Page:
I’m always amazed at how ideological people can be about wine. Or perhaps I should say, idiot-illogical. Wine is a varied and wonderful drink that should bring like-thirsted enthusiasts together, not divide them over subjective preferences. But no, and living in the Washington, D.C., area at a time when our elected leaders seem hell-bent on destroying our country, perhaps I should not be surprised that people fight about as really insignificant as wine.
There’s a bias I’ve encountered among many wine lovers that consider French wines to be “dirty” or “barnyardy.” This viewpoint emerged at the recent Wine Bloggers Conference in Charlottesville, Va., where Jancis Robinson was accosted by a pinot noir producer and asked her opinion of his wine. When she said it wasn’t “pinot noir-y enough” for her, he said, “Oh, so you like dirty pinots, with a lot of barnyard?”
You don’t have to take my word for this – Jancis caught it on camera, or at least the discussion. It’s at the very end of this video on the “Live Blogging” session at the conference, when she is interrupted as she describes the scene. We don’t see her inquisitor, and we don’t know what pinot noir she didn’t care for. But we clearly hear a New World winemaker insulting the world’s second-most famous wine writer, a Master of Wine, about her taste in pinot noir. His assumption was that if she didn’t like his pinot noir, she must like crappy pinot noir.
Unfortunately, Jancis turned off her camera and we don’t hear the rest of the conversation. I only hope she responded with something like, “Well, I don’t particularly like wines that have been stripped of their varietal character by manipulations and other hijinx in the winery.”
Jancis’ exchange with her anonymous detractor echoes the latest controversy in the wine blogosphere. This was sparked by Helen Turley and John Wetlaufer, the wife-and-husband team behind Marcassin wines, luxury cuvees of pinot noir and chardonnay from California. Turley, of course, has been annointed by Robert Parker and Wine Spectator as one of California’s best winemakers, if not THE best. It seems that Turley and Wetlaufer believe that a certain region in France (hint: it begins with B-U-R-G) is ill-suited to produce pinot noir.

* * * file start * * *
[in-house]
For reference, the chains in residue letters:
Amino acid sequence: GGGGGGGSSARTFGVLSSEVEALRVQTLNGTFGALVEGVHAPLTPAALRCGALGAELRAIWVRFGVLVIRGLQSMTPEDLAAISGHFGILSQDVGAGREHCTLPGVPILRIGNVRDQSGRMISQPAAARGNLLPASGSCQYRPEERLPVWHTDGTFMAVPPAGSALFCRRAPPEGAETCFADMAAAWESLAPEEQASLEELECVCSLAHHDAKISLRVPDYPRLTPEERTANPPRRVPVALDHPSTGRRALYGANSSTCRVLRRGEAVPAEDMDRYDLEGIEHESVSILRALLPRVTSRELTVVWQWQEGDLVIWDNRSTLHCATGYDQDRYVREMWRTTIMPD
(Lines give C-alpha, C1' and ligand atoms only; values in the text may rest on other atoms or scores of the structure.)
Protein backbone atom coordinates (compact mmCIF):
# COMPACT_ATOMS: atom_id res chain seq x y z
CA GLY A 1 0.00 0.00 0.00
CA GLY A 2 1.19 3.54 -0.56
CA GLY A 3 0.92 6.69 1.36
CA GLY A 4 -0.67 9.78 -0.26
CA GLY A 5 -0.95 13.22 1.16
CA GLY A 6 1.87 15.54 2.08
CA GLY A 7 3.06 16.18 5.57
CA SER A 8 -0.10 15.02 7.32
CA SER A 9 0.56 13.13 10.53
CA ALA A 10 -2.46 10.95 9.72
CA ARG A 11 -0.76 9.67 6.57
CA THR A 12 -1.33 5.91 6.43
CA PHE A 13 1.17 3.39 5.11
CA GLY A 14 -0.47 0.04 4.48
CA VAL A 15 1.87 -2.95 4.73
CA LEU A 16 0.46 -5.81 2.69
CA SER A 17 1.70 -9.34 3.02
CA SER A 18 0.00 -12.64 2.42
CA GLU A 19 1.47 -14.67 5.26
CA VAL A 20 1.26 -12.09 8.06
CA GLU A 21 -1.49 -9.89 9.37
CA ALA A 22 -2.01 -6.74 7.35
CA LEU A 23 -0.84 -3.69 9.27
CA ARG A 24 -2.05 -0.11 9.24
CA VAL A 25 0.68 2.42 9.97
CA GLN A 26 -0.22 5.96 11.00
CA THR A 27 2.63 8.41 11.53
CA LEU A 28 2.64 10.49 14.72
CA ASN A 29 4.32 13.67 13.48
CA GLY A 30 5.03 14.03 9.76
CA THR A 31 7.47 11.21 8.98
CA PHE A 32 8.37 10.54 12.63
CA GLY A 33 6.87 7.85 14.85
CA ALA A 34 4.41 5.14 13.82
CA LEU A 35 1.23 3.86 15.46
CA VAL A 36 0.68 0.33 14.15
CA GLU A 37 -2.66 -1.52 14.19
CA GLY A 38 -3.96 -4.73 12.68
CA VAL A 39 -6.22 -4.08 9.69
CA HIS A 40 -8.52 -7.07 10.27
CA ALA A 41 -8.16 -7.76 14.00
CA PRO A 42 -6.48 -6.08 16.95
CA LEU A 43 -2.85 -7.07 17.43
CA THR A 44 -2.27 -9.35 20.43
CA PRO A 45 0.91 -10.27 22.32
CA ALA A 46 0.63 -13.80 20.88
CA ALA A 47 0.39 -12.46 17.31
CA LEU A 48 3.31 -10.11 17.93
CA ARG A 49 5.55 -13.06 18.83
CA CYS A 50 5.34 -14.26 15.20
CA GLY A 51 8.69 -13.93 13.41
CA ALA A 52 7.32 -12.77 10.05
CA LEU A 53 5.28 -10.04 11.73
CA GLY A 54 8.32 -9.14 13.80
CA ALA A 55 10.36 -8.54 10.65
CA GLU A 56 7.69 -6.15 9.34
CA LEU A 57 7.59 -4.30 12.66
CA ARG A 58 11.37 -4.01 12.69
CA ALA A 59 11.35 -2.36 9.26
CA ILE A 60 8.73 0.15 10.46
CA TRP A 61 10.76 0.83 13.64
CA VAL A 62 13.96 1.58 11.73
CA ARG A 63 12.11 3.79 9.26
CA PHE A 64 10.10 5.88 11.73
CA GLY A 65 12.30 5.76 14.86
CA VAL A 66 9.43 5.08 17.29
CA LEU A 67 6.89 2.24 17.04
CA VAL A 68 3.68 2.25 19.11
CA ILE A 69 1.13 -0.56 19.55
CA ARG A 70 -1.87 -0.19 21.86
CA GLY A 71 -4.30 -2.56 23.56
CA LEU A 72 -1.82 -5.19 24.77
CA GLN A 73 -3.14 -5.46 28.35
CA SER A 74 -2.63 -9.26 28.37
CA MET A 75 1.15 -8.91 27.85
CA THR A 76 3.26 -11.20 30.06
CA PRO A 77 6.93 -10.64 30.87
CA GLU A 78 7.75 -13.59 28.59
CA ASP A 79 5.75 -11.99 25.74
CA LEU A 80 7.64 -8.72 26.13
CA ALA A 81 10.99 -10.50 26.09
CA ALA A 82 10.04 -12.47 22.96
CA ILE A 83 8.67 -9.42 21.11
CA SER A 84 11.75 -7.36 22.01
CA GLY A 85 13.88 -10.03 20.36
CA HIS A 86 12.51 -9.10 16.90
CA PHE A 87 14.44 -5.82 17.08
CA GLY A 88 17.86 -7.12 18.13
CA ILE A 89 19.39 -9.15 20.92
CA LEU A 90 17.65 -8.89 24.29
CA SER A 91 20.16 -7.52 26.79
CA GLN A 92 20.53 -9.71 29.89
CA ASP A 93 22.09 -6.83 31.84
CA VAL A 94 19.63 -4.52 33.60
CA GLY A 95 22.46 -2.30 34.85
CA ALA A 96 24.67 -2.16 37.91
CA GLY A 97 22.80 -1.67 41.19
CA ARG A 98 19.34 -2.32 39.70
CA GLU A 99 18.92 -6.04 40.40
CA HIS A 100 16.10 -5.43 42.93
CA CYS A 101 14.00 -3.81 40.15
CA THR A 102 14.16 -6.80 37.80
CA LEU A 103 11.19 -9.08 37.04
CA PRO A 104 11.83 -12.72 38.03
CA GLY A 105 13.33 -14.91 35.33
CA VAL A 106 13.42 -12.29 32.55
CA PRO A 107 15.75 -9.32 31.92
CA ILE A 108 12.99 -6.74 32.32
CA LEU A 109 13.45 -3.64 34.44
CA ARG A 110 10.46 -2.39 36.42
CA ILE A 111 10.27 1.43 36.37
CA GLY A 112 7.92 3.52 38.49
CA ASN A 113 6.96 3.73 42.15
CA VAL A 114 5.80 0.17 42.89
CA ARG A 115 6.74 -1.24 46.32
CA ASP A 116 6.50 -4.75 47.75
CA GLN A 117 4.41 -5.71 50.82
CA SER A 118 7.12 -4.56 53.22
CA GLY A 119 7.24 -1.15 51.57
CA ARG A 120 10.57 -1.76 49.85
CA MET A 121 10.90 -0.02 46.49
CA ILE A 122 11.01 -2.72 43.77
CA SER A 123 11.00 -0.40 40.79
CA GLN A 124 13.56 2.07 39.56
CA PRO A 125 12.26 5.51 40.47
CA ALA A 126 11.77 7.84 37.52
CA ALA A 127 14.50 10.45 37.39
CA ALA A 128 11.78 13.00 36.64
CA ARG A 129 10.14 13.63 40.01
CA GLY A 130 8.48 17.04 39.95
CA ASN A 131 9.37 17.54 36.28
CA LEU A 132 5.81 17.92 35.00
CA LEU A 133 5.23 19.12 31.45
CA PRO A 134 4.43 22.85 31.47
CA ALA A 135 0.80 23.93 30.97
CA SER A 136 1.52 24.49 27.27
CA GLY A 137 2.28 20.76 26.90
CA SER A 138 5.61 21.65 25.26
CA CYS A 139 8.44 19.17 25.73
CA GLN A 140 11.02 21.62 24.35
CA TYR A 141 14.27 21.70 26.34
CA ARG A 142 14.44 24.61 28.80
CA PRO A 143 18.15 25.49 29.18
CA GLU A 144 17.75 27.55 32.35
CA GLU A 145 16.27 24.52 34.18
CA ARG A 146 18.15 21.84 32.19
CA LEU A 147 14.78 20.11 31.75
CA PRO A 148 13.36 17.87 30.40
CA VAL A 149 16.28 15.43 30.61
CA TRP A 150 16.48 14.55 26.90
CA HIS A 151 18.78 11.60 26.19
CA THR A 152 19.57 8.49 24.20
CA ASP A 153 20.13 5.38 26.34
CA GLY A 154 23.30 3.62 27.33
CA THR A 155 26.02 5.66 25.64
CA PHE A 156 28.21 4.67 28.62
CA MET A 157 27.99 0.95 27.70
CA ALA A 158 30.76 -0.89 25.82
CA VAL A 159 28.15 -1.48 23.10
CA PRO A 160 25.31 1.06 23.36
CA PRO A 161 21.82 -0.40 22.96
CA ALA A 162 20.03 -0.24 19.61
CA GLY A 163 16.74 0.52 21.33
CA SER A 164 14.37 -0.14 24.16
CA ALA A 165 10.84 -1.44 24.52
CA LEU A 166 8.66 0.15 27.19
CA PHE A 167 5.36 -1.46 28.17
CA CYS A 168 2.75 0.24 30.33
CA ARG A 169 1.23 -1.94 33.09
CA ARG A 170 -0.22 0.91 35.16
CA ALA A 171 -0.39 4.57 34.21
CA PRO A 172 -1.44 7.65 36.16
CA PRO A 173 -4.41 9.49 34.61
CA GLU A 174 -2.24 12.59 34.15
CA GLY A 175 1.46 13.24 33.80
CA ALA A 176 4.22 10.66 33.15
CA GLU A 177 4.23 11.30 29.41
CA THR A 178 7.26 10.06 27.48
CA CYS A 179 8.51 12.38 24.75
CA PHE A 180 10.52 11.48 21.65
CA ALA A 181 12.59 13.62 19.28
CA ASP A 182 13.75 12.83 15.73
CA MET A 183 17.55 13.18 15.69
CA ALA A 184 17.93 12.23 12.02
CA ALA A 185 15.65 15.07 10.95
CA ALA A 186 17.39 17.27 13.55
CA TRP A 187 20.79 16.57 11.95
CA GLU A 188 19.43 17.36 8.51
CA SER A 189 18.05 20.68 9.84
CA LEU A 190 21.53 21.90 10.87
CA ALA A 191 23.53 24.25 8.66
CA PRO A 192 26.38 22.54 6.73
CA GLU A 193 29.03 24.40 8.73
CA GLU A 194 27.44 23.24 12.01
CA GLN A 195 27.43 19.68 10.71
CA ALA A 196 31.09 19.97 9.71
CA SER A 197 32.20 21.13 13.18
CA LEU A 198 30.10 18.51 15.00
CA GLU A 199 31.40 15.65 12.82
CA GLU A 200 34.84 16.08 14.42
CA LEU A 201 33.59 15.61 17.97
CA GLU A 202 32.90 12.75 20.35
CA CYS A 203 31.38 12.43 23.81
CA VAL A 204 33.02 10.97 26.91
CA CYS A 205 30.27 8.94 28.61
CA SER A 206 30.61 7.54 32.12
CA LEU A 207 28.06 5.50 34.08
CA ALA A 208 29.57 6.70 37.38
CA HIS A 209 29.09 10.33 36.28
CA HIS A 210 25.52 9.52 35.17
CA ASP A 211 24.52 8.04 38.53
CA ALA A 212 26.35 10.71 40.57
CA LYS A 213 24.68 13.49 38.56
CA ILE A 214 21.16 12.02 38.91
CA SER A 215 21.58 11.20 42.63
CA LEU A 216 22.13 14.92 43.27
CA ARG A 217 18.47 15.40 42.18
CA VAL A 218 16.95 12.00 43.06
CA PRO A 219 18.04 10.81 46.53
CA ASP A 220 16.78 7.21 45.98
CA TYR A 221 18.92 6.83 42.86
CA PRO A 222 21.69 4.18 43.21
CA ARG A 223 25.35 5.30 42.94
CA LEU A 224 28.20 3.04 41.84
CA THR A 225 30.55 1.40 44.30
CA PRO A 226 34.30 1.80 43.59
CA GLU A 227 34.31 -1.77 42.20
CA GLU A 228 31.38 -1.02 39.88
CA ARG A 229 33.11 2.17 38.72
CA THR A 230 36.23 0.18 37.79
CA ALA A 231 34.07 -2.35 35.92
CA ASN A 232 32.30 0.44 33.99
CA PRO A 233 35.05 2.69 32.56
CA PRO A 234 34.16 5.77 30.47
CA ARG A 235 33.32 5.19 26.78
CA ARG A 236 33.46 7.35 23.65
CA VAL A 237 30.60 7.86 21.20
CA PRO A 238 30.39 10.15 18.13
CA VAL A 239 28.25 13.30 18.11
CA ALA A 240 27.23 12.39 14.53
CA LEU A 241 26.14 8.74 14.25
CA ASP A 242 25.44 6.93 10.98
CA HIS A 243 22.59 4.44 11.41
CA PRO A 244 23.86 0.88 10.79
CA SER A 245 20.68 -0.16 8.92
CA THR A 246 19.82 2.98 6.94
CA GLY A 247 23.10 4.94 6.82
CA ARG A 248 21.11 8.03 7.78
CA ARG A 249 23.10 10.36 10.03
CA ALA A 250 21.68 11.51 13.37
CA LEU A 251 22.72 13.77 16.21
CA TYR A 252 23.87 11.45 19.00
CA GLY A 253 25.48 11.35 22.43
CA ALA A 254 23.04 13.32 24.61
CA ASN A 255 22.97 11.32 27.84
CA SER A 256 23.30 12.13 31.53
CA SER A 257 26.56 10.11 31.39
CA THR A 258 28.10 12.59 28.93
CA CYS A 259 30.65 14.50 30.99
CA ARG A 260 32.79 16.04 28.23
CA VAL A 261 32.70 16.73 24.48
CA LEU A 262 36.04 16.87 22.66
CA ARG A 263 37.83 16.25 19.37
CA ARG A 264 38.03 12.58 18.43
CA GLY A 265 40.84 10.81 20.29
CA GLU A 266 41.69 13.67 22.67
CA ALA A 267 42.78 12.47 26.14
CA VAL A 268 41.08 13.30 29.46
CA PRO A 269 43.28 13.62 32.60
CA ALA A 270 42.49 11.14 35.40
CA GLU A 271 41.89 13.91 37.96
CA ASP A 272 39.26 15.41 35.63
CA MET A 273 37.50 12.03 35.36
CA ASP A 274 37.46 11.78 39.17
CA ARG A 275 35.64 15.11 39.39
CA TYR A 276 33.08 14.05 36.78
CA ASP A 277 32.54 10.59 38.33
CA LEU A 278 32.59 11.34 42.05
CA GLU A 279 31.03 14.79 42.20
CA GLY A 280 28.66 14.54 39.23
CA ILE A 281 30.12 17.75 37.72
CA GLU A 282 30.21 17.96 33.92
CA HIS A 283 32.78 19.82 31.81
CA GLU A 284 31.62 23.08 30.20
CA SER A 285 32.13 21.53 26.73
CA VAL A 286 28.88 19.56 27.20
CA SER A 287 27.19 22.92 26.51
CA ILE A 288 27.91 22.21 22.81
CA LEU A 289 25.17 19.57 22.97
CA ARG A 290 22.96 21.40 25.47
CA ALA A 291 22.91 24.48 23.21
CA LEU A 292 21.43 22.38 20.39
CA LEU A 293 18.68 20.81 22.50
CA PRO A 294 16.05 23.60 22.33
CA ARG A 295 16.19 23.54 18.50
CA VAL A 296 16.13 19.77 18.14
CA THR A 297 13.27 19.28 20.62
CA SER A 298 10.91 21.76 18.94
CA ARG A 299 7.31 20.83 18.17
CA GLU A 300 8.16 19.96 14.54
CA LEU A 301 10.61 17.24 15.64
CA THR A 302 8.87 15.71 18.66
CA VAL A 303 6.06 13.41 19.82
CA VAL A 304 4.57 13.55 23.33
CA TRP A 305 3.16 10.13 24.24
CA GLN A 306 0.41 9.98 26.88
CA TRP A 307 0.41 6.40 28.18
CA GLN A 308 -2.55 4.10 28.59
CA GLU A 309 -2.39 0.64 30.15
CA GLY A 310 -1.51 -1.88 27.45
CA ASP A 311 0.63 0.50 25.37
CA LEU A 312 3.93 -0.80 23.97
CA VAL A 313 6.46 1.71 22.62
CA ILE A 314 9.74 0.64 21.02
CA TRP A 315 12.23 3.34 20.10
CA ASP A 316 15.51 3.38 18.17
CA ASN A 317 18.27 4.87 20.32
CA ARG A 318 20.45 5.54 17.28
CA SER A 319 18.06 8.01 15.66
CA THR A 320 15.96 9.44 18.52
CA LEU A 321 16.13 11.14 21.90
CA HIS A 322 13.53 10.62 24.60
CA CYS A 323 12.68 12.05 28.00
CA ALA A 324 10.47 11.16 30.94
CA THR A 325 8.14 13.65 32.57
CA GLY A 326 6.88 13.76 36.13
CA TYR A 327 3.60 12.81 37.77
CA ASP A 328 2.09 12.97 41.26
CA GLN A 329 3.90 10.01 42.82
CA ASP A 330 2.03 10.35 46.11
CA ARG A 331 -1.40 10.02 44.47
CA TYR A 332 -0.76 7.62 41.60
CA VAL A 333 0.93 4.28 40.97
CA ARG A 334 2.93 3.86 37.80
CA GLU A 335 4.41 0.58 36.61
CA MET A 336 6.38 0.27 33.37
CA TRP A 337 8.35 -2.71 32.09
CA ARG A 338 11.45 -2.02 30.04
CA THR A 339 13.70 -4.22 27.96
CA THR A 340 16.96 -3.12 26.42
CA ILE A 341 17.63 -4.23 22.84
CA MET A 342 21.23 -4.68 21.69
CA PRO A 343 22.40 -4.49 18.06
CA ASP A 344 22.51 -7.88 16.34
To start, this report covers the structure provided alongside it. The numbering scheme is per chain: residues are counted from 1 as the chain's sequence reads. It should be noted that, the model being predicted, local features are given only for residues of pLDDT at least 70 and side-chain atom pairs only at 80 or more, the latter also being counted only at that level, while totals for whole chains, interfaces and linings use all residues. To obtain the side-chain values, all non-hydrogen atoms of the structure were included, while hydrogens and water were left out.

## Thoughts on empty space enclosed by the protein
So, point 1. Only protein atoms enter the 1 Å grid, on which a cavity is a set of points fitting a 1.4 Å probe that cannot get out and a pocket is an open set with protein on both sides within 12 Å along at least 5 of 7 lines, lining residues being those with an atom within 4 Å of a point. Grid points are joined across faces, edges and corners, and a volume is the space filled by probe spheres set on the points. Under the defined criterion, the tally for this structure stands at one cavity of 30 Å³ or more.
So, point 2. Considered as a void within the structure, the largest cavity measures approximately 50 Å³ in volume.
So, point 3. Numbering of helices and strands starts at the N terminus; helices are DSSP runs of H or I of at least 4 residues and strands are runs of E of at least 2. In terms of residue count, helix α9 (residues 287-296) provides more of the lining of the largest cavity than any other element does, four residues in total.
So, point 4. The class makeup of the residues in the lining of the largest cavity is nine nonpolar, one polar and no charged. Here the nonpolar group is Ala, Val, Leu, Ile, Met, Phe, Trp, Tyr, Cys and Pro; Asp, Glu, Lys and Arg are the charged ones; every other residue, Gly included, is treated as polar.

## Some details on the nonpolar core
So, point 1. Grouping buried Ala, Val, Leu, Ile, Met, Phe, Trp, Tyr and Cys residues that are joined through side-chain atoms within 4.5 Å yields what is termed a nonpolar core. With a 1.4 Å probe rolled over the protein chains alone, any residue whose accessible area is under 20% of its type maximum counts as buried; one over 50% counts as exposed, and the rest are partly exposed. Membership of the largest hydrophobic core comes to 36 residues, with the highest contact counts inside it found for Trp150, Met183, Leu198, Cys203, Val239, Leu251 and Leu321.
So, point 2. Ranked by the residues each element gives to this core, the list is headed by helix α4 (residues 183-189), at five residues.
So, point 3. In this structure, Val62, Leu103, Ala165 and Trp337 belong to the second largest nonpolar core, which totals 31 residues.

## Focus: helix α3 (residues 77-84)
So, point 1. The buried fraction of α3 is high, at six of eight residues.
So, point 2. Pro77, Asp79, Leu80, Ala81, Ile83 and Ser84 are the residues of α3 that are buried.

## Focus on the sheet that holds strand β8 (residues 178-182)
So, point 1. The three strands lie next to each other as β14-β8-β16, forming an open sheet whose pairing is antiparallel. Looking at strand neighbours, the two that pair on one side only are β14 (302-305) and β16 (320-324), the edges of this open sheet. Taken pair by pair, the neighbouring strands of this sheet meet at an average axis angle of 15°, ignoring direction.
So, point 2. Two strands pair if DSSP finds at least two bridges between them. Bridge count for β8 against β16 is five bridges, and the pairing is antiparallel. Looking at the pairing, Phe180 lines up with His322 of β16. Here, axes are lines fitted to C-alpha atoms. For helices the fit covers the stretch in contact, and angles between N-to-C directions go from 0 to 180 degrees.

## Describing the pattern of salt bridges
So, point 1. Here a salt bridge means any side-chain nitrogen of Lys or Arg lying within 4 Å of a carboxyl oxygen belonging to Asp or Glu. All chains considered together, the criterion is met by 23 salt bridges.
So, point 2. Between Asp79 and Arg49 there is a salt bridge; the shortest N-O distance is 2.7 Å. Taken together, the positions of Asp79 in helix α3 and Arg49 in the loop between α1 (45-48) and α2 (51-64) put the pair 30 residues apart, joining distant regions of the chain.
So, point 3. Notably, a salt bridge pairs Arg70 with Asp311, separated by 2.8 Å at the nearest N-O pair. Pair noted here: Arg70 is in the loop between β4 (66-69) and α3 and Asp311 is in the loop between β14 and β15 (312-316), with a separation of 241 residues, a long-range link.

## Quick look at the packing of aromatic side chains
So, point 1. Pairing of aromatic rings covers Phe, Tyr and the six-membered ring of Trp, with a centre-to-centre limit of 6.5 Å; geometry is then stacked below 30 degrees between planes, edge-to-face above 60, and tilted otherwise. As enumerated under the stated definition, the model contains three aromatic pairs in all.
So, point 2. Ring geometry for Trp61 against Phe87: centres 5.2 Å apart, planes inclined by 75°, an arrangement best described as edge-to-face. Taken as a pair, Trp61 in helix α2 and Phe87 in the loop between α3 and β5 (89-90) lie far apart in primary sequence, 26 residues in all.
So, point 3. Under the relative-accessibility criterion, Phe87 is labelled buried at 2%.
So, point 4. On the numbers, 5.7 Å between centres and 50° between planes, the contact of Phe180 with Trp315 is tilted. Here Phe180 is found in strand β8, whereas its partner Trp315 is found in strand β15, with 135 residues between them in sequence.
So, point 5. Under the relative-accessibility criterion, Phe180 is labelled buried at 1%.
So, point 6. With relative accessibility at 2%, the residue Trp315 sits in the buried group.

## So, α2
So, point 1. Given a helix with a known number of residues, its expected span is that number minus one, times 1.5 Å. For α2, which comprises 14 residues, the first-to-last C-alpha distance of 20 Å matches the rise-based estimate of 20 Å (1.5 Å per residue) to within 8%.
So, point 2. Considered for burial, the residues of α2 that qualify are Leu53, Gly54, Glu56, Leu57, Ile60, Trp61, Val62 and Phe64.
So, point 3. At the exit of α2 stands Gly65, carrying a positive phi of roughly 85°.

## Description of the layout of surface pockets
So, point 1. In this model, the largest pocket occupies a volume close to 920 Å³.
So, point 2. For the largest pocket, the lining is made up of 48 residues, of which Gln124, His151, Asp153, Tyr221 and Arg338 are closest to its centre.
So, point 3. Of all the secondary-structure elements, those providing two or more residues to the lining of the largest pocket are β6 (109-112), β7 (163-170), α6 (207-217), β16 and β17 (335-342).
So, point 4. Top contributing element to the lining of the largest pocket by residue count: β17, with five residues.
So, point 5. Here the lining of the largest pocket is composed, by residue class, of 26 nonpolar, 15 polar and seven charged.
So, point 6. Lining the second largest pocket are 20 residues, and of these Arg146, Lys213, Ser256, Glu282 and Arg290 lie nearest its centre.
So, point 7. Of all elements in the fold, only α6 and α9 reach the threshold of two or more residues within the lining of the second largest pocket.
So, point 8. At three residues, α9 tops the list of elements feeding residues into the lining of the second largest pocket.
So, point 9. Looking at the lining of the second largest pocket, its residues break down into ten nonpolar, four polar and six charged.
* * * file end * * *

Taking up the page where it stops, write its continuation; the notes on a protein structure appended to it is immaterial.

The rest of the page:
A disclaimer is in order. I have never, to my recollection, tasted a Marcassin wine. They don’t send me samples; they don’t need me, and I don’t need them. I have probably tasted wines on which Helen Turley has consulted, but I have no real impression of them and I cannot name one off the top of my head. I do not particularly care for her brother’s zinfandels. I have never met Turley or Wetlaufer. I have no dog in this fight, just bemusement.
The controversy came to light through Dr. Vino, wine’s foremost pot-stirrer who has a great eye for this stuff, and was whipped up further by a particularly vituperative post by Slate’s Michael Steinberger on WineDiarist.com. They took exception to a newsletter penned apparently by Wetlaufer and sent late last month to Marcassin subscribers in which Wetlaufer recounted how he, Turley and Robert Parker tasted Marcassin’s 2006 pinots alongside a Domaine de la Romanee-Conti La Tache and found the Burgundy benchmark “undrinkable.”
On the face of it, the argument should be this: California makes riper pinot noir than Burgundy does. Some people prefer California, some prefer Burgundy. But noooooooo – there has to be good and evil involved.
Wetlaufer embarks on a lengthy discussion of why Burgundy cannot ripen pinot noir. Here’s an excerpt:
Because of summer rain and heat, there is vegetatively vigorous growth in Burgundy vineyards, even in Grand Cru like Batard-Montrachet or Romanee-Conti itself (again take a look at “Heaven on Earth” on pp. 46 and 47 of the 5/31/10 Wine Spectator). [Oh, you recycled that? Silly you! – DM] Carbohydrate (photosynthetic assimilate) partitioning or allocation, which is mediated by phytohormones, [we need more such phytohormonal mediation in Washington these days – DM], strongly favors vegetative growth points over fruiting structures. These, i.e., vegetative growth points, include growing tips, shoots, lateral growing tips and shoots, and juvenile leaves, including young leaves on lateral shoots. [British Prime Minister Cameron is all for controlling juvenile shoots and leaves – DM.] At veraison vegetative sinks in actively growing vines dominate clusters, especially the grape skins, which are a weak sink for the carbohydrate necessary for biosynthesis of aromas, flavors, and color.
Got that? I didn’t think so.
This controversy seems to be over the massive ego Turley and Wetlaufer show about Burgundy, and you can follow it on eRobertParker.com as well as the comments on Steinberger’s post or at wineberserkers.com. But I think it goes to something more, an innate belief that one person is superior to his neighbor because he knows a little something about wine.
Can’t we all just get along?